The scheme of things at the neat and cosy mini-marketplace of Char Dukan at Landour. Literally just four shops (now five), Char Dukan has its own post office, a bank. Its specialties are bun-omelettes, cheese toasties, pancakes and waffles. For more images of the region, please visit Flickr

The St Paul’s Church in Landour was established in 1840 for use primarily by British officers and soldiers in the cantonment. The building was renovated in 2008 and now serves a civilian congregation, made up largely of Woodstock School staff and students. By the way, Jim Corbett’s parents tied the knot here.

A walk through the misty streets of Landour takes me on a journey through the history of this hillside. A refuge to homesick British, Landour, perhaps more than any other hill destination, is said to have had a reputation for frivolity, fun and flirting. One would soon discover that, apart from seeking spiritual healing, rejuvenation of soul, recharging batteries and strengthening faith, people come to this hillside with other beautiful ideas on their mind. For those who love downpour, the monsoons here are quite magical. A rain-drenched hill station like this in the Himalayas is bound to bring out the best of romantic in you. As the monsoons sets in, the ridge’s enchanting tranquillity and quietude is once again restored. The stunning Himalayan views appear washed in colour and the sounds and sights seem magnified. Even if the snowy range is hidden during a rainy season, the landscape is dramatically obscured to within a few hundred yards by the vast clouds of mist that creep up from the valleys.

Inside the Prakash Handicrafts at Sister’s Bazaar. The store is looked after by a welcoming and helpful young lady; budget a little extra time if you want to hear stories and anecdotes about Landour.

Famed for its homemade jams, peanut butter, chutneys, breads, cookies and cheese, the Prakash store in Sister’s Bazaar. The store must be a boon for the locals. More images at Flickr

This looked a recent addition to market the newly launched cafe. More images at Flickr

The Mudcup Cafe, just above Mullingar in Landour is the best place to have conversations and coffee

The cafe serves super excellent Coffee, Tea and Bakery items. Please visit Flickr for more images

Getting There

The hill-station of Mussoorie is 36 km from Dehradun. The approach is fairly wide but steep. The distance from Library to Landour, via the Mall, and back is 12km.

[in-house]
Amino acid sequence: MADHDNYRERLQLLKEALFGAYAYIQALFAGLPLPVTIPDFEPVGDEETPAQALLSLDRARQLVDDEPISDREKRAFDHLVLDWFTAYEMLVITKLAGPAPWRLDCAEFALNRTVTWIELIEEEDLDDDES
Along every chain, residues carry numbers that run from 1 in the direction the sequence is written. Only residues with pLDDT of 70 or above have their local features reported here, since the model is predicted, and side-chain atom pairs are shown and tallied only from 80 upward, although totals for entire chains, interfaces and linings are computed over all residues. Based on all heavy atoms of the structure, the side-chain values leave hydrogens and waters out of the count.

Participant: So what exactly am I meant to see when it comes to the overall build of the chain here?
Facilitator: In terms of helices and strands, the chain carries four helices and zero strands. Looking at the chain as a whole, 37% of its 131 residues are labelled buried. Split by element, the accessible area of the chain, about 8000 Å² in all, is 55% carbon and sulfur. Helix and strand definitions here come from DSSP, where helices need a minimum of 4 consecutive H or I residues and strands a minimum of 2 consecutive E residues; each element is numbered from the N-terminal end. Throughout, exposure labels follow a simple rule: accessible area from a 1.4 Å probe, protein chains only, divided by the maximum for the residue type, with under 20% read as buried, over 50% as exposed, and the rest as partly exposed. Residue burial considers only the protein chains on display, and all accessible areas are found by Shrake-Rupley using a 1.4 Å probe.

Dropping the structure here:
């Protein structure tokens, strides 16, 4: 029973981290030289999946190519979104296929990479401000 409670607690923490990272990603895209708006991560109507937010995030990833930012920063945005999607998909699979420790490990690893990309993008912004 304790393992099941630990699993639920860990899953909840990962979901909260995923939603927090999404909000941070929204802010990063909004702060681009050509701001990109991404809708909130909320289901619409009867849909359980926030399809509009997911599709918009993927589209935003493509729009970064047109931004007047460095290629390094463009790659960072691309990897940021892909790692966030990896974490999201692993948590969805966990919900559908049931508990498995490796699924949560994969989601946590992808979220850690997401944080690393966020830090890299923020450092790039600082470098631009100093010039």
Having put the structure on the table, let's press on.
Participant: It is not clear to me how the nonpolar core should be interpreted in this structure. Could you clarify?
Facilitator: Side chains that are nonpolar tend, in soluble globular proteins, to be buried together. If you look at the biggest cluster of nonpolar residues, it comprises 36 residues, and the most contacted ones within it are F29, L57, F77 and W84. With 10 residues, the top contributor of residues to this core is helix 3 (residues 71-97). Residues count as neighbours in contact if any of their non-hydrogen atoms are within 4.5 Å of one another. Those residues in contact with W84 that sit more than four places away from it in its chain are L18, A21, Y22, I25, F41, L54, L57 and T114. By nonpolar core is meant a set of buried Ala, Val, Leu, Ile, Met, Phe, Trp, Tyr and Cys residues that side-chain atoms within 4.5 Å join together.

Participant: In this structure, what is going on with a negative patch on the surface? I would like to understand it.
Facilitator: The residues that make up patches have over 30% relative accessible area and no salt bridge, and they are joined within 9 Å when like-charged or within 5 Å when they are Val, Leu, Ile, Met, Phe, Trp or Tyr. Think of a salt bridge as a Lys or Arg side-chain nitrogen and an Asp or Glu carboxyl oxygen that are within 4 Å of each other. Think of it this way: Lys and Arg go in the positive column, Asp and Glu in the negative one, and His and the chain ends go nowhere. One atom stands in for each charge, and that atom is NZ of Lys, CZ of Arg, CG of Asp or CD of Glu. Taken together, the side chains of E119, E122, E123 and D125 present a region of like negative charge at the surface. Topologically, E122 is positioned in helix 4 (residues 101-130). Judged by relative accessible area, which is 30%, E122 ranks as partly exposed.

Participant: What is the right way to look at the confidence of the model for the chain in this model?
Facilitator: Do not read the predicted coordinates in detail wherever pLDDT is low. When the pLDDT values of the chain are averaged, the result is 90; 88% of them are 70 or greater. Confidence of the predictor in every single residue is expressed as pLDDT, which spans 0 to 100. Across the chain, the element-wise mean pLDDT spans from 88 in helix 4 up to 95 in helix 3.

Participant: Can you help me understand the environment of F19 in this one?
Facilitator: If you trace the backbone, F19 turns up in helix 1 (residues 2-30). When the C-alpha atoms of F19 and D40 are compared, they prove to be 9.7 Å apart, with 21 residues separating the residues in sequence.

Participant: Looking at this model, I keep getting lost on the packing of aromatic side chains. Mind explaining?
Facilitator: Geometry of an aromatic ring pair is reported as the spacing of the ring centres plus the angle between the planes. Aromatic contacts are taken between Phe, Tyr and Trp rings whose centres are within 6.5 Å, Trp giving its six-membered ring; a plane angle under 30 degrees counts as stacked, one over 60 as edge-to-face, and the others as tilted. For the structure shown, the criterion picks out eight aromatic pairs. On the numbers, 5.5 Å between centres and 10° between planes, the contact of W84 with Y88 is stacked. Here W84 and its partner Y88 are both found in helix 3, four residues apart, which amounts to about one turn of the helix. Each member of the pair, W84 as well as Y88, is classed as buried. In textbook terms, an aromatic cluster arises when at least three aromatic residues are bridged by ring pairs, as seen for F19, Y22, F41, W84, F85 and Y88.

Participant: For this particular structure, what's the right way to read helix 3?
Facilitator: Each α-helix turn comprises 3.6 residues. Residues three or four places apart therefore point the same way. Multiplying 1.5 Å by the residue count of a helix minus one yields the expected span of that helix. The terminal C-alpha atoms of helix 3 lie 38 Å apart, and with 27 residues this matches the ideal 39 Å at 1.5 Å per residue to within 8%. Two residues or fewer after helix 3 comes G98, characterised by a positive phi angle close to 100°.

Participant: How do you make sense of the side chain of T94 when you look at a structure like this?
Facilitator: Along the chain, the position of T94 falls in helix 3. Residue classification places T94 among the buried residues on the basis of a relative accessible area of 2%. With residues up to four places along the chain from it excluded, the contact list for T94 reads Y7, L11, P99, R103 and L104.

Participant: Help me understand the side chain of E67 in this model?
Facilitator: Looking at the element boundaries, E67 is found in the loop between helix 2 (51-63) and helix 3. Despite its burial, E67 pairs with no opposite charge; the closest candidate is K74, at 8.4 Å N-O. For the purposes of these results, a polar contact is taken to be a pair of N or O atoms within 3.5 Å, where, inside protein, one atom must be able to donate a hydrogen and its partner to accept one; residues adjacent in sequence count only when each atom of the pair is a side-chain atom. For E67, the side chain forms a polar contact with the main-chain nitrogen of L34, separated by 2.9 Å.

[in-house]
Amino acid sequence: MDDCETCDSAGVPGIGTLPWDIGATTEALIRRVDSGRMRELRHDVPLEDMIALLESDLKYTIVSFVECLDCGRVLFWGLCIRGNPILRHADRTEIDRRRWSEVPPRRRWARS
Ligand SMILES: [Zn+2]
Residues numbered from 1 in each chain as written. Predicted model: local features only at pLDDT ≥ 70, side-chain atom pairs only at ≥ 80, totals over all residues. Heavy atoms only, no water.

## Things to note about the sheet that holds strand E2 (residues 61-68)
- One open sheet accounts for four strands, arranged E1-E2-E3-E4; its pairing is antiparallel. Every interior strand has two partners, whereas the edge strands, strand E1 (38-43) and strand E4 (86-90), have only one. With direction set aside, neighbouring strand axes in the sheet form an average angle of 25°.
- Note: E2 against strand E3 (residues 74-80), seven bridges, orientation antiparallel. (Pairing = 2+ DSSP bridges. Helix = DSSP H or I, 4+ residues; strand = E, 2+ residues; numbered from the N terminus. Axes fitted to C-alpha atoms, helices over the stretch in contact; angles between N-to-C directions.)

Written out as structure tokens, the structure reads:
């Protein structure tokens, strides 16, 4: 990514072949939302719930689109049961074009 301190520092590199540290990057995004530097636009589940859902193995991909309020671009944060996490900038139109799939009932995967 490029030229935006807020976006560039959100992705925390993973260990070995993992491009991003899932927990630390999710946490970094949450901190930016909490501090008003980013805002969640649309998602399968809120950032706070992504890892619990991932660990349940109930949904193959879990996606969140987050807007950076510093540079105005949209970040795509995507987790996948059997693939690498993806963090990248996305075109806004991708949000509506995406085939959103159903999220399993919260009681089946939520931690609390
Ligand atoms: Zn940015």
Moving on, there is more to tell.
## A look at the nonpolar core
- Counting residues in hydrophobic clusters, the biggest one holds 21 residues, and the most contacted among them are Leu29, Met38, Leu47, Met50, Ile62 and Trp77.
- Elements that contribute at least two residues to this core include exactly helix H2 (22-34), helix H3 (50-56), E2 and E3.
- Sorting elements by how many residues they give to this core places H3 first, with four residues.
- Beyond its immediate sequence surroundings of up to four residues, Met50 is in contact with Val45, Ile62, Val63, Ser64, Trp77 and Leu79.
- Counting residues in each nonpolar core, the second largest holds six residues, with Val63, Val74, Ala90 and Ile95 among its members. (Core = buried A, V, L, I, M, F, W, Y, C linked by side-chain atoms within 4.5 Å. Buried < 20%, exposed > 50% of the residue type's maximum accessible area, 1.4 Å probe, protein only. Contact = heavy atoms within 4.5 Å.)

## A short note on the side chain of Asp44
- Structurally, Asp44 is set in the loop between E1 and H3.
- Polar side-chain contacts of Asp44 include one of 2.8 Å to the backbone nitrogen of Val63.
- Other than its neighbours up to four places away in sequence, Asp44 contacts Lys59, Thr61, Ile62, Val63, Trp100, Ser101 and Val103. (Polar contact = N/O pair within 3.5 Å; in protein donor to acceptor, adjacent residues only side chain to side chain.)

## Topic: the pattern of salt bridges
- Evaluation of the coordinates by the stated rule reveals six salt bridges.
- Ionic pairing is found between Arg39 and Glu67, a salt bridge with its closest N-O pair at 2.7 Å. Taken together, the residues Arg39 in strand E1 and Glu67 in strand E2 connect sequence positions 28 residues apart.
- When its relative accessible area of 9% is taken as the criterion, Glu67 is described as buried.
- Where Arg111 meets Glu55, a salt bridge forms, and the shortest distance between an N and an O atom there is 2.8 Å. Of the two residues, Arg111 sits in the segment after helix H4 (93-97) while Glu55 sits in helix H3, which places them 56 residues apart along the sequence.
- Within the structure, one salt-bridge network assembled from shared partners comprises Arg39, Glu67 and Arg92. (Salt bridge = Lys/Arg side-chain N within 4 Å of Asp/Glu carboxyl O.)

Average Altitude: 2000m
Best time to visit: Round the year, avoid holiday seasons
Travel Lure: Himalayan views, heritage and sylvan charm
Accommodation: Plentiful

26 Comments on “Garhwal Diaries: The Mall Road of Mussoorie

    • Thanks Mick! Glad you liked the post. Mussoorie will be a total treat to visit in a winter season. You’ll really like it. Keep visiting bNomadic for more such travel stories 😊

  1. I had no idea of such a charmingly beautiful place existing so close to the ever popular Masoori! A very well written post, not only because of its information content but also for almost a virtual travel experience it provides with choice of words and the beautiful pictures. Great read! 😊

    • Thanks Ena! And especially for the appreciation you have just showered on this blog. You must visit Mussoorie sometime soon. Keep visiting bNomadic for more such travel stories 😊

  2. Revived so many memories. I have not been to Mussoorie since a long time. Maybe I should make an extended weekend trip.

  3. Thanks for sharing. I hope it will be helpful for too many people that are searching for this topic. Keep posting and keep this forum a great place to learn things.

  4. Pingback: Feed Me! – Mick Canning

  5. Another wonderful post that beautifully presents the charm and liveliness of Mussoorie. I visited the place in early 90s when I was a kid too.

    • Thanks Moon! Mussoorie and surroundings have changed a lot since 90s. More and more hotels fighting for a space. Keep visiting bNomadic 💐

Leave a Reply to bNomadic Cancel reply

Fill in your details below or click an icon to log in: Logo

You are commenting using your account. Log Out /  Change )

Facebook photo

You are commenting using your Facebook account. Log Out /  Change )

Connecting to %s

%d bloggers like this: